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Edit: Apparently this has replaced Weste and Eshraghian: "CMOS VLSI Design: A Circuits and Systems Perspective (4th Edition)" by Weste and Harris https://www.amazon.com/CMOS-VLSI-Design-Circuits-Perspective...

Weste and Eshraghian was (and may still be) the Bible for a very long time: https://www.amazon.com/Principles-CMOS-VLSI-Design-Perspecti...

It's a lot newer (and nicer) than most other references.

I would avoid Mead and Conway because it's really dated. It's not wrong, but a beginner won't know which parts to skip.

If you're looking for something about VLSI layout design, "The Art of Analog Layout (2nd Edition)" by Hastings would be the choice: https://www.amazon.com/Art-Analog-Layout-2nd/dp/0131464108/r...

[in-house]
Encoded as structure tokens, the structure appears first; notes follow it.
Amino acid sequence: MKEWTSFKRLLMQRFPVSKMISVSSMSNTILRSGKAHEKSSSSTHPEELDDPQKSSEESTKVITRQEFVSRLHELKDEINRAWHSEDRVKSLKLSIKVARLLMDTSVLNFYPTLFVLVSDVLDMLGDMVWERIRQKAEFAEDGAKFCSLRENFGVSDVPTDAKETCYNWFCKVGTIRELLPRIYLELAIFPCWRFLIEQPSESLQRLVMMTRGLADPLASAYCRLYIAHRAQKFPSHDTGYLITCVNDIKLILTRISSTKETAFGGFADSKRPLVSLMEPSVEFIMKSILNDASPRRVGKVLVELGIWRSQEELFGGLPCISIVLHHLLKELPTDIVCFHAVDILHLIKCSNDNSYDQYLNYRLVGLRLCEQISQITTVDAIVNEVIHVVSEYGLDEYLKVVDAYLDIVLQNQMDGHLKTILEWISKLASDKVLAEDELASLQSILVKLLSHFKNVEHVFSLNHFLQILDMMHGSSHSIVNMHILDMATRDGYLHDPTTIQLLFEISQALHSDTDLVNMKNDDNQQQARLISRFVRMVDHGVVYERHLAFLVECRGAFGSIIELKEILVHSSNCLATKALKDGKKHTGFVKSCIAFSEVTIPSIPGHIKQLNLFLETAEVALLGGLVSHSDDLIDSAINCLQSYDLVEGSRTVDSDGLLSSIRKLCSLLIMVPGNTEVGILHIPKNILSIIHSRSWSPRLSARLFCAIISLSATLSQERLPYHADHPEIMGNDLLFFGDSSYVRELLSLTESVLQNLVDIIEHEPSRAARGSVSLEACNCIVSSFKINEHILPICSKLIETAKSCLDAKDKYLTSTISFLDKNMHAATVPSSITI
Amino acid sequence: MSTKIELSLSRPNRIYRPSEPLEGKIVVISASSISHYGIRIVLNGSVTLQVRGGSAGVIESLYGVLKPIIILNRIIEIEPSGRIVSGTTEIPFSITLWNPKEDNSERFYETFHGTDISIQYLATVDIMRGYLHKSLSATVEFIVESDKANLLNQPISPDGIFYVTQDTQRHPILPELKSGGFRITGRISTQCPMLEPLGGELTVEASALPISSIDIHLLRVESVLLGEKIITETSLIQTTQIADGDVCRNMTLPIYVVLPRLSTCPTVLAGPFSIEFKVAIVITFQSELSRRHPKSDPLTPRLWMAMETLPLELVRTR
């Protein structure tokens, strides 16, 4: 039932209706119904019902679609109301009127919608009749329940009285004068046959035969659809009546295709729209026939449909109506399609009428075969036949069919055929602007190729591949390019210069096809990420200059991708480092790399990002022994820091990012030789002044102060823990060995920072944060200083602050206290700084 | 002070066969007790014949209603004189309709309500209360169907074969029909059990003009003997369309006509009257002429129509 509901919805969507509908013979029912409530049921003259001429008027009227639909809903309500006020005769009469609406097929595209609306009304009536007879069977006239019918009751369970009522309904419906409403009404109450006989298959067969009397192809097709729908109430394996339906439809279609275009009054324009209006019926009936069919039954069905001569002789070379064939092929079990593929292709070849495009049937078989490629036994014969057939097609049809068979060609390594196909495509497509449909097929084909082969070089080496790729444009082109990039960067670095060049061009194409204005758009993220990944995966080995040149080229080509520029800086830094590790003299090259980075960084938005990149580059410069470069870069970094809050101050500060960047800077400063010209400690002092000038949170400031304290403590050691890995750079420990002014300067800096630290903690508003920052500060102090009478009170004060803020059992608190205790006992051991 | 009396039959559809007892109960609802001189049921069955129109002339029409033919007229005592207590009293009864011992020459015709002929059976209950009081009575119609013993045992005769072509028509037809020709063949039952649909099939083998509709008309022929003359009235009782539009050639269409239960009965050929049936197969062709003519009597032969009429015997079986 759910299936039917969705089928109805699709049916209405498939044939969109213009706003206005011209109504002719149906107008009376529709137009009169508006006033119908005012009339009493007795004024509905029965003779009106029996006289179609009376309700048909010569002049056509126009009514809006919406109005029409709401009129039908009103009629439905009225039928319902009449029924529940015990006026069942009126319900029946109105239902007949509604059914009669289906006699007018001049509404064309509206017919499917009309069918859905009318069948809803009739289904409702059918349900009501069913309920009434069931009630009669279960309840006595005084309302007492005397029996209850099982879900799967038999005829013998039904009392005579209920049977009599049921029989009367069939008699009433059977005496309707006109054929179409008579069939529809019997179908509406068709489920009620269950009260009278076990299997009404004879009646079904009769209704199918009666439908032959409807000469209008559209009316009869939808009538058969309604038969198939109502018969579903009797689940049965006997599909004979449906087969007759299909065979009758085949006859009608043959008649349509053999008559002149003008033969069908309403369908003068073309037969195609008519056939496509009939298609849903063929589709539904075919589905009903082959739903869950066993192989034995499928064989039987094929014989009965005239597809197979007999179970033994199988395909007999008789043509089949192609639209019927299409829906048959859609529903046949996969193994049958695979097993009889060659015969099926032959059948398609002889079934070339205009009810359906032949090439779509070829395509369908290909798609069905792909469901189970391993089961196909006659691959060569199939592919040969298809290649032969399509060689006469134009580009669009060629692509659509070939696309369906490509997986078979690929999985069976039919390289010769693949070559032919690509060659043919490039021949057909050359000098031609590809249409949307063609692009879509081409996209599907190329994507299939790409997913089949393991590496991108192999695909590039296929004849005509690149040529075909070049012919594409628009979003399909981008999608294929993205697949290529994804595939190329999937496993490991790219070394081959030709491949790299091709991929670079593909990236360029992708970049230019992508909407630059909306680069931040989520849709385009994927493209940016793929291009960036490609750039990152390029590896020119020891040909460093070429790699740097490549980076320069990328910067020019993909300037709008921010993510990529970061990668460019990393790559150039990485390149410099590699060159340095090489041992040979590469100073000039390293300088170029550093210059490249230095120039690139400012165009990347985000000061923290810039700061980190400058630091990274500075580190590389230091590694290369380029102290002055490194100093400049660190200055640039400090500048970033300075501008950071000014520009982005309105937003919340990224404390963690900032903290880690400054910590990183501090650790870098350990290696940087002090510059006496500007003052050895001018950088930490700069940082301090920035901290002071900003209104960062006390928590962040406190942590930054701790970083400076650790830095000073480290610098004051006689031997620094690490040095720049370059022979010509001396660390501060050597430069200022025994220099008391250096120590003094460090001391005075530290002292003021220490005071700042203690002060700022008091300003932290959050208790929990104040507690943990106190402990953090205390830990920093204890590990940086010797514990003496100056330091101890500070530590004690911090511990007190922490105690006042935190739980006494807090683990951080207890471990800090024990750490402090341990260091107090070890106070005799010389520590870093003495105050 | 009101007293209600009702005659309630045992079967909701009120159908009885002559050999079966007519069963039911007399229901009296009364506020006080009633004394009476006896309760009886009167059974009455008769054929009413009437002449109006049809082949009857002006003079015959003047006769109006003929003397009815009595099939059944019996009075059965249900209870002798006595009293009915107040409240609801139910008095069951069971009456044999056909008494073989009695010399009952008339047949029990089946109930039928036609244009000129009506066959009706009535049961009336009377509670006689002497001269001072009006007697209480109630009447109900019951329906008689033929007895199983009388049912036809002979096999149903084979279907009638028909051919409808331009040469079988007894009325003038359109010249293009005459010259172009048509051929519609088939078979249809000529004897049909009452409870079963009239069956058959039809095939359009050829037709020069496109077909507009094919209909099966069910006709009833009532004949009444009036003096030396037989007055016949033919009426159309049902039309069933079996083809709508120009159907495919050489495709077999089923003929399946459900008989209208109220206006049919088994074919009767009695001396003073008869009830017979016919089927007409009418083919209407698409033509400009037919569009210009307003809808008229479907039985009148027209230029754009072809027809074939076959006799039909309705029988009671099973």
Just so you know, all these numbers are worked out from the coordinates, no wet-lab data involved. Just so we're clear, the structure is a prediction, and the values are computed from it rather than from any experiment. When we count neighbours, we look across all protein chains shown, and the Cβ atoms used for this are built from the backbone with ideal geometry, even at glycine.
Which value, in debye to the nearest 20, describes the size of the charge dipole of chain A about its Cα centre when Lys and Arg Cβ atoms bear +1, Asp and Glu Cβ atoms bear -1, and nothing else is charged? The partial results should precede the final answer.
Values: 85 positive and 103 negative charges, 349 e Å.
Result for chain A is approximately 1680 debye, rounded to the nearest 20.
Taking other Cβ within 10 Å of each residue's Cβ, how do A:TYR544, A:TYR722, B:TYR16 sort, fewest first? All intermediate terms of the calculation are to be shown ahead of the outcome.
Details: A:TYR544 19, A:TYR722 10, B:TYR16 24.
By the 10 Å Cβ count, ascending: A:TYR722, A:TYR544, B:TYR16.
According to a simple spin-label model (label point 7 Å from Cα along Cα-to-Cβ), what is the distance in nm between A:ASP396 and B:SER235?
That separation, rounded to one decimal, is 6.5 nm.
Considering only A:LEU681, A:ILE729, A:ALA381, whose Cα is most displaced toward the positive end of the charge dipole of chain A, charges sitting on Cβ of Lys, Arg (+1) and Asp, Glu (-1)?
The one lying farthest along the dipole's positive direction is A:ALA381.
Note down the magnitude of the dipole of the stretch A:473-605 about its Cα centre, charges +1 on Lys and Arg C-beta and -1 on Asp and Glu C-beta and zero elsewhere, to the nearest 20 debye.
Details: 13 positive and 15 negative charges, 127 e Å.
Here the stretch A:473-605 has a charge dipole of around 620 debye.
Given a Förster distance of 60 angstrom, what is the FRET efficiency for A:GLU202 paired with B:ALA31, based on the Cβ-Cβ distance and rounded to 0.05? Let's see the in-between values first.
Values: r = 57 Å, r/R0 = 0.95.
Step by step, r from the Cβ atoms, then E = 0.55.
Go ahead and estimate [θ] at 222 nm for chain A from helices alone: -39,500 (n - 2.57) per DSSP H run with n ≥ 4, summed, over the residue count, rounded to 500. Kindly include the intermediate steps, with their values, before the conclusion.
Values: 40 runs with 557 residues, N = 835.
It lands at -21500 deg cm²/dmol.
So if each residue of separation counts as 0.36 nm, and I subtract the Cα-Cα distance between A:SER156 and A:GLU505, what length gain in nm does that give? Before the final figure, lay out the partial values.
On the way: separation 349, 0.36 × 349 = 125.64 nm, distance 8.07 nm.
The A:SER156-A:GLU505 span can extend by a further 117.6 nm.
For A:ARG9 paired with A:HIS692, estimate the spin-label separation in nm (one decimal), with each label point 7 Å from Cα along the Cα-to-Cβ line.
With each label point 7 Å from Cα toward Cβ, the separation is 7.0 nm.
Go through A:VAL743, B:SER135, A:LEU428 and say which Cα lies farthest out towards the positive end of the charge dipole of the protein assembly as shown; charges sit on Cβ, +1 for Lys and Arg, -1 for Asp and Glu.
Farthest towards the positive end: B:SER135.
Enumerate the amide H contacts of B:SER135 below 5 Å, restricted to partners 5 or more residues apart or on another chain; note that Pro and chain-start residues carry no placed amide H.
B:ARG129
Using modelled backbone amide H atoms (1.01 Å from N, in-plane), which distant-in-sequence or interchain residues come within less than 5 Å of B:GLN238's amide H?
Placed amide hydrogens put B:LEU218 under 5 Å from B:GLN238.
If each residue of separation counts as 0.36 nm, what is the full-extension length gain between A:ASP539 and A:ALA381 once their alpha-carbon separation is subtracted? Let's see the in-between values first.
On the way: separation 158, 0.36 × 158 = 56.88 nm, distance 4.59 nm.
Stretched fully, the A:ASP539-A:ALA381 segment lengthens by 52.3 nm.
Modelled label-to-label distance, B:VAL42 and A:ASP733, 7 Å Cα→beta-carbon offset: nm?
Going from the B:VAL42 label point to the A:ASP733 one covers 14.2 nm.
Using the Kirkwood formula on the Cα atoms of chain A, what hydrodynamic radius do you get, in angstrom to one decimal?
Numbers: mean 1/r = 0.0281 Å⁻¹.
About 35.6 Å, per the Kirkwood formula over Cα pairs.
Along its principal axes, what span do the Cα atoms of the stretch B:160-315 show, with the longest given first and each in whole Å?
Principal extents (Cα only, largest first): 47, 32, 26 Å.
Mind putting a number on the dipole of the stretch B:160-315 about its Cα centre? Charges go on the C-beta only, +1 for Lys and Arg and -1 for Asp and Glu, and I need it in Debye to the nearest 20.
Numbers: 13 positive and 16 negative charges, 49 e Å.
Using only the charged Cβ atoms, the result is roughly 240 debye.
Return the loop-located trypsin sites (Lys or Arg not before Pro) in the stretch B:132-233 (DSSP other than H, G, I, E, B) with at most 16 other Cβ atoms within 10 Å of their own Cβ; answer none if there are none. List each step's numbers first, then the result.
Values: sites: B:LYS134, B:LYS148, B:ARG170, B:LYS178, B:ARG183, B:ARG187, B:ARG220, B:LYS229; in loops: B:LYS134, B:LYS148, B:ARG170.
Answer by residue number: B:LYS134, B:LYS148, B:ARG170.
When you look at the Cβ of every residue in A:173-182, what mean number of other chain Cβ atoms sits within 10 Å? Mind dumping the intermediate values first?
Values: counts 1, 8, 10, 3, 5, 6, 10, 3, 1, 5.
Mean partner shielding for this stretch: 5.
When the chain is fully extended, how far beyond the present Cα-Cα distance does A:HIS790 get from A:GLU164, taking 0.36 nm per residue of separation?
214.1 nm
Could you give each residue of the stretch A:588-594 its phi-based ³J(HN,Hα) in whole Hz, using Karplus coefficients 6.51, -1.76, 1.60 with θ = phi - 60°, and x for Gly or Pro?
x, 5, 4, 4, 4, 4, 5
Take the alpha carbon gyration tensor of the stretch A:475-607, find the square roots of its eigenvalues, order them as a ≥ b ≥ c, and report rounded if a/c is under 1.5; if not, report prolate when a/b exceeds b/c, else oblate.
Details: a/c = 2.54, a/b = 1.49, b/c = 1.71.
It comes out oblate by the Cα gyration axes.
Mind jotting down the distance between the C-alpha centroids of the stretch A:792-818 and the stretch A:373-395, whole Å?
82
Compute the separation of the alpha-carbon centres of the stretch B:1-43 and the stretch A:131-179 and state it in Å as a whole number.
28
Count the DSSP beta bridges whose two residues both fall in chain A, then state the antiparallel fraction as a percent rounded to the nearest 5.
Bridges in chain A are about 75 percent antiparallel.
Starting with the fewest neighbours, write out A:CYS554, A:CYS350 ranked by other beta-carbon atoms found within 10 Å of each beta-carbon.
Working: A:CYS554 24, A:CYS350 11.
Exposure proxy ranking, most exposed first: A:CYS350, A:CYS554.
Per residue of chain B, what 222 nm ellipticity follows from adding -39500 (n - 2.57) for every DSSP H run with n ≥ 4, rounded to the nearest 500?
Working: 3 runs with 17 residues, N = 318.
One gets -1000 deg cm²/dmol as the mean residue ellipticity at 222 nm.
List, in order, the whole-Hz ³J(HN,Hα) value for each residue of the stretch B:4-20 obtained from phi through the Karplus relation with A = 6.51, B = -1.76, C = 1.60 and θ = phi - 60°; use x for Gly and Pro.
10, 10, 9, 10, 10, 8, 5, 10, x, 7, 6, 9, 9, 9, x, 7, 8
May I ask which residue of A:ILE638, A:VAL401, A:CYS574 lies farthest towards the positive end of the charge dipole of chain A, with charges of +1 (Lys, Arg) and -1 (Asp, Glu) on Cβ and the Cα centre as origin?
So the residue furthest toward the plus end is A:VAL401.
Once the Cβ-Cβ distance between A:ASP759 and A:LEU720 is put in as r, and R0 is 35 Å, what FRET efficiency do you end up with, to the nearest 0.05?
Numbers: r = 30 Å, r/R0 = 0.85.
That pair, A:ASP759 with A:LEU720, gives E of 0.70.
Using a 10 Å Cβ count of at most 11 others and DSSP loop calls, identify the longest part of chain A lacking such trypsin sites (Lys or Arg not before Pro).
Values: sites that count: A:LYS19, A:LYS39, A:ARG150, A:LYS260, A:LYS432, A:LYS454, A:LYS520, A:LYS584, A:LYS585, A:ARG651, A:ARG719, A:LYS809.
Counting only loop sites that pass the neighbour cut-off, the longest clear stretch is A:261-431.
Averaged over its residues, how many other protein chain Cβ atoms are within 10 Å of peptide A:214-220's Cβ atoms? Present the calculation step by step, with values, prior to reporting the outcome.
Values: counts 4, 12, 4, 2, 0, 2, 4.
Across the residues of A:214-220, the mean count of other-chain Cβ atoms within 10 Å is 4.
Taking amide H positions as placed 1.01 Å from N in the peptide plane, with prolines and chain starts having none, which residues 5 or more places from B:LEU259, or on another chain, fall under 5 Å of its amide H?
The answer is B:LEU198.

The complete beginner should start with Harris & Harris "Digital Design and Computer Architecture" (David Harris is one of "CMOS VLSI Design" authors), it provides a gentle introduction into the underlying physics but focuses more on the logic of the whole endeavor, i.e. how to get from transistors to CPUs.


Looks like there's a 2nd ed (mips based?) and an "arm edition" (more recent?) of the same title by the same authors. Online reviews are sparse, wonder which is better now?




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